The material derivative

by Fred Ross Last updated: March 27, 2009

Section 2 of Landau and Lifshitz's Fluid Mechanics starts by writing down equations of motion for a fluid particle in coordinates attached to that particle, then transforms to coordinates fixed in space. The argument is physically clear, but mathematically opaque. This was bothering me, so I cleaned it up. Introducing a primal, underlying space, without coordinates simplifies everything nicely (of course, this is just introducing a proper manifold structure, but it's a pretty example of its use).

In coordinates fixed in matter, the velocity of the fluid is governed by

\\mbox{density} \\cdot \\partial_t \\mbox{velocity} = -\
abla \\mbox{pressure}.

When we compose each function with a coordinate transformation, density and pressure change in an elementary manner. The only work is in the "\\partial_t \\mbox{velocity}" term. Essentially what we do is,

\\mbox{density} \\cdot \\partial_t \\mbox{velocity} = -\
abla \\mbox{pressure}
\\rightarrow { compose with a coordinate transform }
\\mbox{density} \\circ \\mbox{trans}\\ \\cdot \\ \\partial_t \\mbox{velocity} \\circ \\mbox{trans}\\ =\\ -\
abla \\mbox{pressure} \\circ \\mbox{trans}
\\rightarrow { density and pressure change coordinates simply }
\\mbox{density} \\cdot \\partial_t \\mbox{velocity} \\circ \\mbox{trans}\\ =\\ -\
abla \\mbox{pressure}
\\rightarrow { expand \\partial_t \\mbox{velocity} in terms of the velocity on the new coordinates }
\\mbox{density} \\cdot \\left[\\mbox{expansion of velocity}\\right] = -\
abla \\mbox{pressure}

As always, good notation is priceless. First, coordinate systems. We'll go the manifold route, and immediately invoke the metatheorem that "if I prove p for arbitrary coordinates, and my space is a manifold, I've proved p on the manifold."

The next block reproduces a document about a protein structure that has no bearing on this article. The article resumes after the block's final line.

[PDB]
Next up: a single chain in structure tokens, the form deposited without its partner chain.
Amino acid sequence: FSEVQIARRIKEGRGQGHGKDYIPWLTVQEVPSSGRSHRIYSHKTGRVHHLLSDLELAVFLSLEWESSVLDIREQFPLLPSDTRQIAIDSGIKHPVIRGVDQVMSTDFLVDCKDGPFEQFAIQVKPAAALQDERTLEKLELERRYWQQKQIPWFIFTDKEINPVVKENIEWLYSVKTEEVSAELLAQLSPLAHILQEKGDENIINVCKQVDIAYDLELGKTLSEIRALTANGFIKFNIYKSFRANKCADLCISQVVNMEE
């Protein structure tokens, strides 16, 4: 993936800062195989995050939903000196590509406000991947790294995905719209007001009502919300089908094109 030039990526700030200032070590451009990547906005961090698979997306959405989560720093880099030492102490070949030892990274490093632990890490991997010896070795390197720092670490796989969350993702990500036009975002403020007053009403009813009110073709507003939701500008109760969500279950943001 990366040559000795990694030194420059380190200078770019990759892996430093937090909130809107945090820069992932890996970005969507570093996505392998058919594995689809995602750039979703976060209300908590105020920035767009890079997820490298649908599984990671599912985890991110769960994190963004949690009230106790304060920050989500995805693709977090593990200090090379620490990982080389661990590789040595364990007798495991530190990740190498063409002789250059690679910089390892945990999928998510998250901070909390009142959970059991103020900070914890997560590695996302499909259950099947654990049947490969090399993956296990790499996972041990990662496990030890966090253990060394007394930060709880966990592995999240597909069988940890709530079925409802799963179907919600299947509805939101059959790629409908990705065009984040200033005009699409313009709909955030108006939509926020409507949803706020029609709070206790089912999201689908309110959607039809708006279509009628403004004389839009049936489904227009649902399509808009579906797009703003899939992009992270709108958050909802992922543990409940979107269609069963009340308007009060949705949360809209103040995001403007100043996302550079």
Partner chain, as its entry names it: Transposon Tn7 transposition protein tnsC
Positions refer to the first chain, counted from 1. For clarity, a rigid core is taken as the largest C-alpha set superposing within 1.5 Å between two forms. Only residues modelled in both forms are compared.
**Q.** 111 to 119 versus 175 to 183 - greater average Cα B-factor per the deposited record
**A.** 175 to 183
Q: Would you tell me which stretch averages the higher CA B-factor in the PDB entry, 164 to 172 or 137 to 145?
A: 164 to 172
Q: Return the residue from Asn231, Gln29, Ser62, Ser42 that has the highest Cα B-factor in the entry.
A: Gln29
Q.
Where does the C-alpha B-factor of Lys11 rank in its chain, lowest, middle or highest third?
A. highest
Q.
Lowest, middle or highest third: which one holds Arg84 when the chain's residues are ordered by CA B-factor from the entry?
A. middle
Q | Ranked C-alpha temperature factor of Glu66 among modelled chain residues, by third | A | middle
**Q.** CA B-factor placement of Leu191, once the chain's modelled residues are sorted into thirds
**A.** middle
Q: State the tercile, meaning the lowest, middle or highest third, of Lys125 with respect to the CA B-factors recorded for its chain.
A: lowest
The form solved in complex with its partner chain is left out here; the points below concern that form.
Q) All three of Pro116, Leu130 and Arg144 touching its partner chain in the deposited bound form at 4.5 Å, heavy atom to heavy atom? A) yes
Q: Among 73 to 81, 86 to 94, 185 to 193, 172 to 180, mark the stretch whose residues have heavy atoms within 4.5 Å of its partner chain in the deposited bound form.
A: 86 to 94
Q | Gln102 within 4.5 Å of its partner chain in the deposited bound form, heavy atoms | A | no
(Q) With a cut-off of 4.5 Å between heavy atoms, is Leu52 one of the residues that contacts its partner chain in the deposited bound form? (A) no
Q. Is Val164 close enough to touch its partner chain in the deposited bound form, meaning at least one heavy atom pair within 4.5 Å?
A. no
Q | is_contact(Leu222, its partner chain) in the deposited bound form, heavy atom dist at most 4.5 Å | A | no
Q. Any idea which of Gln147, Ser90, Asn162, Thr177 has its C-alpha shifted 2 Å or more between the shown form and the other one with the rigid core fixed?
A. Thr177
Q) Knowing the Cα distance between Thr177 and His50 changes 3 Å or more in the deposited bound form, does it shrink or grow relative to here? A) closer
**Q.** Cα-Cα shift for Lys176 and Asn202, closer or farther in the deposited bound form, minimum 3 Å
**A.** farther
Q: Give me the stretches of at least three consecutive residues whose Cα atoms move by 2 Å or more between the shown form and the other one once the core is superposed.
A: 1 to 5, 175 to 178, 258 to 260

The very clever might set up both coordinate systems and the transform between them directly. I'm too out of shape, so I'll start with a primal space (we'll call it X) representing the physical space-time occupied by the fluid, with no coordinates or other structure. Then I construct coordinates as invertible functions from X to open subsets of \\mathbb{R}^n. The metatheorem lets me brush all the worries about not covering the whole space under the rug. n = 4 -- three space dimensions (labelled 0, 1, 2) and one time dimension (labelled 3). It's simpler to keep time with the other coordinates.

Let \\chi : X \\rightarrow \\mathcal{M} be coordinates fixed in matter, where \\mathcal{M} \\subset \\mathbb{R}^4, and \\phi : X \\rightarrow \\mathcal{F} be coordinates fixed in space, where \\mathcal{F} \\subset \\mathbb{R}^4. Naming the coordinate's ranges distinctly often makes the question "what function goes here?" trivial: "it must have domain \\mathcal{M}, and I have only one function like that which makes sense here."

For physical quantities that transform simply (density \\rho and pressure P), I want to capture what physical quantity I am looking at, and the domain that this particular version of that quantity is defined on in my notation. P_\\mathcal{M} for the physical quantity P on the domain \\mathcal{M} works nicely. In this notation,

\\rho_X = \\rho_\\mathcal{M} \\circ \\chi = \\rho_{\\mathcal{F}} \\circ \\phi

That's fine for quantities that carry through without major changes, but velocity transforms in a more complicated manner, and we will be using its different forms heavily. Instead of inevitably miscopying a subscript, I assign the versions on different coordinate systems different letters: \\mathcal{V} : X \\rightarrow \\mathbb{R}^3, u : \\mathcal{M} \\rightarrow \\mathbb{R}^3 and v : \\mathcal{F} \\rightarrow \\mathbb{R}^3, all related by